This final of four Recovered Writing posts from Teaching College Writing is my take home final exam. In these essay responses, I discuss theories of language and literacy, justifications for composition instruction techniques, and demonstrate a letter-writing approach to composition feedback.

Jason W. Ellis

Professor Brian Huot

Teaching College Writing

1 July 2008

Take Home Final Exam

I. What is your theory of language and literacy and how does it relate to first-year college writing instruction? Make sure you refer to relevant scholarship in the field to support your beliefs and assumptions about writing and its teaching.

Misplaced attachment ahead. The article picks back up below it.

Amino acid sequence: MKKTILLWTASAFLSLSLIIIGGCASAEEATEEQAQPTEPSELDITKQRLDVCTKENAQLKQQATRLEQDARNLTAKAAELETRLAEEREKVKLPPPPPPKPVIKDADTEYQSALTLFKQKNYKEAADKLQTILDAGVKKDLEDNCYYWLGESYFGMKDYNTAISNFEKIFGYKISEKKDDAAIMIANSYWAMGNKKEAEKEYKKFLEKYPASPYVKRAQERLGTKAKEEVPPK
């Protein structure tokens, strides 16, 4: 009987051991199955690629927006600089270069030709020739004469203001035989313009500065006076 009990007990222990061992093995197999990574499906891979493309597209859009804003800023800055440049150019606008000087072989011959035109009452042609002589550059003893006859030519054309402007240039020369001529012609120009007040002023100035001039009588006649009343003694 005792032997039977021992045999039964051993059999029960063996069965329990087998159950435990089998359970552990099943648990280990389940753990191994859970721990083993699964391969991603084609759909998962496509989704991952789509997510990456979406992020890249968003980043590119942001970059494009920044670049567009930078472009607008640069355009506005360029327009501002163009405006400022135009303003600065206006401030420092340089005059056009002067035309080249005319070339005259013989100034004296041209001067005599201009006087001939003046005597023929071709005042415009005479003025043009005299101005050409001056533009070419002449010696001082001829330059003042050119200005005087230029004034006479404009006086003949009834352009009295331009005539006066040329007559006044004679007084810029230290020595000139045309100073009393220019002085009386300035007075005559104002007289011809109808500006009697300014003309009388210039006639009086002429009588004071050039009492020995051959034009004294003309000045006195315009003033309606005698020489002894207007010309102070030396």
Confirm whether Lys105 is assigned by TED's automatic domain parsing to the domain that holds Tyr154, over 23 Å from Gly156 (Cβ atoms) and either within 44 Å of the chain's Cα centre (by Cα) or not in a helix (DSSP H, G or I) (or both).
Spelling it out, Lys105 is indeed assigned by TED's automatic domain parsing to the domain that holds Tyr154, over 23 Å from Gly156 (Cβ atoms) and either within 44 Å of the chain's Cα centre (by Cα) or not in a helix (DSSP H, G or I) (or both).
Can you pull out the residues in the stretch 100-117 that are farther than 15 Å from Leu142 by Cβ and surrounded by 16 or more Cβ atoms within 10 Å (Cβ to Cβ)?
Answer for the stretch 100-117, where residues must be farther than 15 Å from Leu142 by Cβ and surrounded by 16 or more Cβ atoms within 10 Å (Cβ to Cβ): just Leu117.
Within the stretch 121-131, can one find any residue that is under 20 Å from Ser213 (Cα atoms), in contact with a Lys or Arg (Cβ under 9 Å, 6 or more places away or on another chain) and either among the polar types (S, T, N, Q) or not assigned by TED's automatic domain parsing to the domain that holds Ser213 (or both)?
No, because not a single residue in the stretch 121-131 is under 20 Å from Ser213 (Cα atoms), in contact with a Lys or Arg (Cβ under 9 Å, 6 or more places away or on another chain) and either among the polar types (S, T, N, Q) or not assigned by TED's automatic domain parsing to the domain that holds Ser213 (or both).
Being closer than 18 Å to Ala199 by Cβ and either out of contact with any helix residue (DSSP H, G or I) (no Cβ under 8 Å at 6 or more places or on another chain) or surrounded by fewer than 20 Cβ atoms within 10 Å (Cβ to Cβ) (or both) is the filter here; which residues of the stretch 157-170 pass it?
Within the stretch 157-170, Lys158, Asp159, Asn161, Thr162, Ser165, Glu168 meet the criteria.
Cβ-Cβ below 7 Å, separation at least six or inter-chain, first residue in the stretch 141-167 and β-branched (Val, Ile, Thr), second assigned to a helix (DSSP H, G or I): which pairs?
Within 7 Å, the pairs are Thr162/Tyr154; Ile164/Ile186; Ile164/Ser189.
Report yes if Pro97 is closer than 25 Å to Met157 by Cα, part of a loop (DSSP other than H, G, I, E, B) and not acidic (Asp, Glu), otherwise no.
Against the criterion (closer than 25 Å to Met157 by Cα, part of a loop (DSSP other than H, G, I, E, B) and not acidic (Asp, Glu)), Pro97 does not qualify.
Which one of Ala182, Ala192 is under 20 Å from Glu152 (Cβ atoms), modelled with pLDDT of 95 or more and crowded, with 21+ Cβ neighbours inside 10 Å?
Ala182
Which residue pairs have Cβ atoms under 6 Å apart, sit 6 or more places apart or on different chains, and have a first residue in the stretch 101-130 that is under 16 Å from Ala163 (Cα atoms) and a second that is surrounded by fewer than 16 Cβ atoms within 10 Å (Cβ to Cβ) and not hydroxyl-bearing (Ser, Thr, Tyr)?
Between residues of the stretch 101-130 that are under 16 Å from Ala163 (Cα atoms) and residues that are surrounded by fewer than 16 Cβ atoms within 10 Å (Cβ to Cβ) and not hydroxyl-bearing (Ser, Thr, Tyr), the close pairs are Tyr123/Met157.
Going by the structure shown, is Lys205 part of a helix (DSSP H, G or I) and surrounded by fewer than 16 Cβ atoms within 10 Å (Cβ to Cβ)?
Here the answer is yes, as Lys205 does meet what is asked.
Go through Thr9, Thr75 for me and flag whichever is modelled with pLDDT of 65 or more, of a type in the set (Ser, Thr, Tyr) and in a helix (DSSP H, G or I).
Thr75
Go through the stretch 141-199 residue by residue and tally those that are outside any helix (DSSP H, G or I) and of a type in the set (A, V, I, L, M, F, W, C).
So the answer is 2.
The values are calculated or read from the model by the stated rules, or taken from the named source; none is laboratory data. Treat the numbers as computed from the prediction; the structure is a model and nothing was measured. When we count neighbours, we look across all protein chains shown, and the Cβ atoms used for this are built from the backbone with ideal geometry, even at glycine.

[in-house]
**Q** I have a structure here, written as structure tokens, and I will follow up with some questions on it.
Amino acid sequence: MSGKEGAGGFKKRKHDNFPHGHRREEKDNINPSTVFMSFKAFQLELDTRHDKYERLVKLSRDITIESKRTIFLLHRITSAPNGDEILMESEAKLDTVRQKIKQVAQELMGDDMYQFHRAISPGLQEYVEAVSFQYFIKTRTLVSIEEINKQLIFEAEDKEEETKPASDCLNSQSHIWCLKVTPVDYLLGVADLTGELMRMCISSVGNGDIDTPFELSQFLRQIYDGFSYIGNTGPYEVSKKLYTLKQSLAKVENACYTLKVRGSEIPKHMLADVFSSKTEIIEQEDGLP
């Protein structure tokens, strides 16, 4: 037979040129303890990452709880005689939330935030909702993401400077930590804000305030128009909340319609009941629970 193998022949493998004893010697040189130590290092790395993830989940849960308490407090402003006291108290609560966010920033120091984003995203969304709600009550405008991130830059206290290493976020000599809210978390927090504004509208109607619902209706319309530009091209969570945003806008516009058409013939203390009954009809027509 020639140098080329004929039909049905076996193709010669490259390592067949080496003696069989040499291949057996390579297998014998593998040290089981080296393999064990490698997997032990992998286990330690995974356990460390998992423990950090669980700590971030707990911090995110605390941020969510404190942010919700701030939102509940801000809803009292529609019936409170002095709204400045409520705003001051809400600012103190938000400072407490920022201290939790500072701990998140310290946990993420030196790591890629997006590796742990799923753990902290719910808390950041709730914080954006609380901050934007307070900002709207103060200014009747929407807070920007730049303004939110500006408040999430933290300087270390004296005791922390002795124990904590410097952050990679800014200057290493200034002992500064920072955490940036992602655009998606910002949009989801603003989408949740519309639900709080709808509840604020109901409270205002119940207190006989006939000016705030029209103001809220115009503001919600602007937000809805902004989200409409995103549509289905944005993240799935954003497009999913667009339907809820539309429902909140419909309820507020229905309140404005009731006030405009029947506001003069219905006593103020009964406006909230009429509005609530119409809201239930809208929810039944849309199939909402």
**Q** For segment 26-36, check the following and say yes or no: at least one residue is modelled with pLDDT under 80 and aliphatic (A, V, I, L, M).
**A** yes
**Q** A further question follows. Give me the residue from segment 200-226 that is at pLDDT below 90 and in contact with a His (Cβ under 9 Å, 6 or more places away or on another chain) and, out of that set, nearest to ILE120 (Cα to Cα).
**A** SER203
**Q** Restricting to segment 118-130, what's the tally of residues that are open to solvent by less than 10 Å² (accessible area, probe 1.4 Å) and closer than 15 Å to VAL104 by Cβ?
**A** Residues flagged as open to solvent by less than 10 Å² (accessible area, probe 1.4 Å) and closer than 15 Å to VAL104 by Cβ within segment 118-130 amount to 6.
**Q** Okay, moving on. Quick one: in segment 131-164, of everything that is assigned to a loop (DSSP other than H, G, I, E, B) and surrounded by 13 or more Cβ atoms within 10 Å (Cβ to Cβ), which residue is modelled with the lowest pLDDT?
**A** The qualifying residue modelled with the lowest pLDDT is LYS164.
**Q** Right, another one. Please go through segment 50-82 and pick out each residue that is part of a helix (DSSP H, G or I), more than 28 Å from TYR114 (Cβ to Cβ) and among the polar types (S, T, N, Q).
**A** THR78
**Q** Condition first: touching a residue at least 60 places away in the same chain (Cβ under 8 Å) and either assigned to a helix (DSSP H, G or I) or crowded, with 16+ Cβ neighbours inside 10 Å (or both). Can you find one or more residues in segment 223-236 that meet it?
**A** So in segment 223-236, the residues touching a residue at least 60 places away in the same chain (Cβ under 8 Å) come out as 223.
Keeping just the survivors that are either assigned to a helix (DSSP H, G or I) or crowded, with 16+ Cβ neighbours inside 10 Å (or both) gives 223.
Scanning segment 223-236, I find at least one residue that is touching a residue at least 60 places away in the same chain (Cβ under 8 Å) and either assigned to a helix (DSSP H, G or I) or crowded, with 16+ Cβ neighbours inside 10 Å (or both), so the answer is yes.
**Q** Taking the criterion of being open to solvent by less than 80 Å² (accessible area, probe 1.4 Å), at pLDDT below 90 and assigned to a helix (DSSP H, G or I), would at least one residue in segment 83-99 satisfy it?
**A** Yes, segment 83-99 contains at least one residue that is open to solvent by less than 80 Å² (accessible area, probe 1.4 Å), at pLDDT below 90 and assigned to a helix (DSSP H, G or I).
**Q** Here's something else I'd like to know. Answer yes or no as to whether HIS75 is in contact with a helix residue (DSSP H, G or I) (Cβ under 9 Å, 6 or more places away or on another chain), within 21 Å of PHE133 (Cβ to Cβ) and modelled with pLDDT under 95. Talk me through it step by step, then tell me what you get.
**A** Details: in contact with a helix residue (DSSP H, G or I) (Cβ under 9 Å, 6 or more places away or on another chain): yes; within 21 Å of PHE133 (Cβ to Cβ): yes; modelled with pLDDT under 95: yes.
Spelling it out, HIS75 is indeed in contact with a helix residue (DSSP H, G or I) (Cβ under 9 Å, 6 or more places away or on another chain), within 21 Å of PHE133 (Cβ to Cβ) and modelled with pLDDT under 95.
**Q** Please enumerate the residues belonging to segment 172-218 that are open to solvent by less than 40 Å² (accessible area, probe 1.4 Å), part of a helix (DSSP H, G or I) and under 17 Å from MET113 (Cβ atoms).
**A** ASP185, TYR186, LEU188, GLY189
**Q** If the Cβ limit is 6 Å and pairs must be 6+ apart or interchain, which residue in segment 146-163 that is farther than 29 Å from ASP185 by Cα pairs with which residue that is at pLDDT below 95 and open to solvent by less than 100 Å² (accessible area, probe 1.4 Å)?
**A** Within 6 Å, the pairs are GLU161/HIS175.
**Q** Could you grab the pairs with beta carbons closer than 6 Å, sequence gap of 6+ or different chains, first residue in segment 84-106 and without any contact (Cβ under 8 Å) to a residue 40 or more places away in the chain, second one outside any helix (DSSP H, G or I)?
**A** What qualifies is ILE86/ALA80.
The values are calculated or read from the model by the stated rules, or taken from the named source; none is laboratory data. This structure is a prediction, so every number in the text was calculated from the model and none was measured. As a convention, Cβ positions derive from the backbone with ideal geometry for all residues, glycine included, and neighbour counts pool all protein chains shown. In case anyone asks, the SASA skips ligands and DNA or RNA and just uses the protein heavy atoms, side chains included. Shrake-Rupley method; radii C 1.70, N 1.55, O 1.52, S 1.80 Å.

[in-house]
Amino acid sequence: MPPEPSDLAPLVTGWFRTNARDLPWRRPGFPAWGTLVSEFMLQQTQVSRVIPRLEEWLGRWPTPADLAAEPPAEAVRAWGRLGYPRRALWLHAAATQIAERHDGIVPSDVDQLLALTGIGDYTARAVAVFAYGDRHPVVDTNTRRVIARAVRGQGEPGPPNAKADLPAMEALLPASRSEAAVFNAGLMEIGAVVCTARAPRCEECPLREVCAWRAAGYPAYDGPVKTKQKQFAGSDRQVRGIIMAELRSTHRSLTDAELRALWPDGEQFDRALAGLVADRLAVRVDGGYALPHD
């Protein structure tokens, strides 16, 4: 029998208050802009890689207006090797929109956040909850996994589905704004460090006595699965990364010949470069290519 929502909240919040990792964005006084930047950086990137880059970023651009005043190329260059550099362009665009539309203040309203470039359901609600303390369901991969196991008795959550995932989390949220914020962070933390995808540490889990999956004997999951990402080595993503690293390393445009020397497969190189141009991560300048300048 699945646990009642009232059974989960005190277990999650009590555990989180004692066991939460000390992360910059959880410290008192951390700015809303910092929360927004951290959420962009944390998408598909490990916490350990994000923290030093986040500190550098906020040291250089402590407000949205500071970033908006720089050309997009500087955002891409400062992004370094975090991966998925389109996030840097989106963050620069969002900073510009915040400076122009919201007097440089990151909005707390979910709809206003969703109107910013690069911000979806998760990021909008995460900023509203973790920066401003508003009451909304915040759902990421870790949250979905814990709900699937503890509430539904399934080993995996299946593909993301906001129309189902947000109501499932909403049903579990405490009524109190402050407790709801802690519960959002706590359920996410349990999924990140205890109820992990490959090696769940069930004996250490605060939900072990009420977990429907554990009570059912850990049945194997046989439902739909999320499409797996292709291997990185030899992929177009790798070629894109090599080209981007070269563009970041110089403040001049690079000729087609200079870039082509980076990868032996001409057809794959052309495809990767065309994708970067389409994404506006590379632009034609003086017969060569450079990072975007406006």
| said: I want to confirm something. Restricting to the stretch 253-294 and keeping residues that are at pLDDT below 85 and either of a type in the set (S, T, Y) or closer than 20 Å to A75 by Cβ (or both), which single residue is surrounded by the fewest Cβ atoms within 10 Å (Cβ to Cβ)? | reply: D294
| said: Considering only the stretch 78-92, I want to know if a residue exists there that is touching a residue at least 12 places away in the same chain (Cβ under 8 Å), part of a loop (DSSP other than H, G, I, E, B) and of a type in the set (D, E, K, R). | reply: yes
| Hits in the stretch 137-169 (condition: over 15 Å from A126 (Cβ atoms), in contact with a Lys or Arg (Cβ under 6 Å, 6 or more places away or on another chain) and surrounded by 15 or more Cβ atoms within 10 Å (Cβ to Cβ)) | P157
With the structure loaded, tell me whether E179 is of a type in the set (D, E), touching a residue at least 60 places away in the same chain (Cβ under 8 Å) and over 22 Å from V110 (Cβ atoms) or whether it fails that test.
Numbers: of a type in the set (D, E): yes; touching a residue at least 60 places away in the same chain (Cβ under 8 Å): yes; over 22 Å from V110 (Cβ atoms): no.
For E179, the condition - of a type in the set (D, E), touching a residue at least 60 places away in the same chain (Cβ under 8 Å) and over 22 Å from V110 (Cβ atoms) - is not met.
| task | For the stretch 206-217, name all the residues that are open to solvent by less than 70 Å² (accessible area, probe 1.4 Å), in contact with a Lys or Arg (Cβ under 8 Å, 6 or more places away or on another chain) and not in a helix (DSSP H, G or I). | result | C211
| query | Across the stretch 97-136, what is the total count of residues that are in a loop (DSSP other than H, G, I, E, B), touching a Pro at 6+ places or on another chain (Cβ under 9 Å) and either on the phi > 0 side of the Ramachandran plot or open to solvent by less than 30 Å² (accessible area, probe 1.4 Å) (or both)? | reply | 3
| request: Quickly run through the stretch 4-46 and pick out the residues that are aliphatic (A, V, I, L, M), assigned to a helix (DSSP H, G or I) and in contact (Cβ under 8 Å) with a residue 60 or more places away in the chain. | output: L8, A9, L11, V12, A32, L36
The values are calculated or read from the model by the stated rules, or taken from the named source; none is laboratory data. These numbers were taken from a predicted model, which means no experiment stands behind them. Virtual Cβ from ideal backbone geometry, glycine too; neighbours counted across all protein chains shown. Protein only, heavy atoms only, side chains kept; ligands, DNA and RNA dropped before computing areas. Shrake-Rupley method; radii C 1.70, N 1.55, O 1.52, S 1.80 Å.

My theory of language (the protocols and method of communication) and literacy (the ability to read and write, or more broadly, to communicate via language) is that they are acquired through immersive practices. In the first-year college writing class, freshmen students bring a certain understanding of language and literacy that they’ve acquired through school and socialization outside of school. It’s my goal to tap into my student’s various skill sets, to reach into their toolboxes of communication, and guide them towards the attainment of new tools that will allow them to communicate better.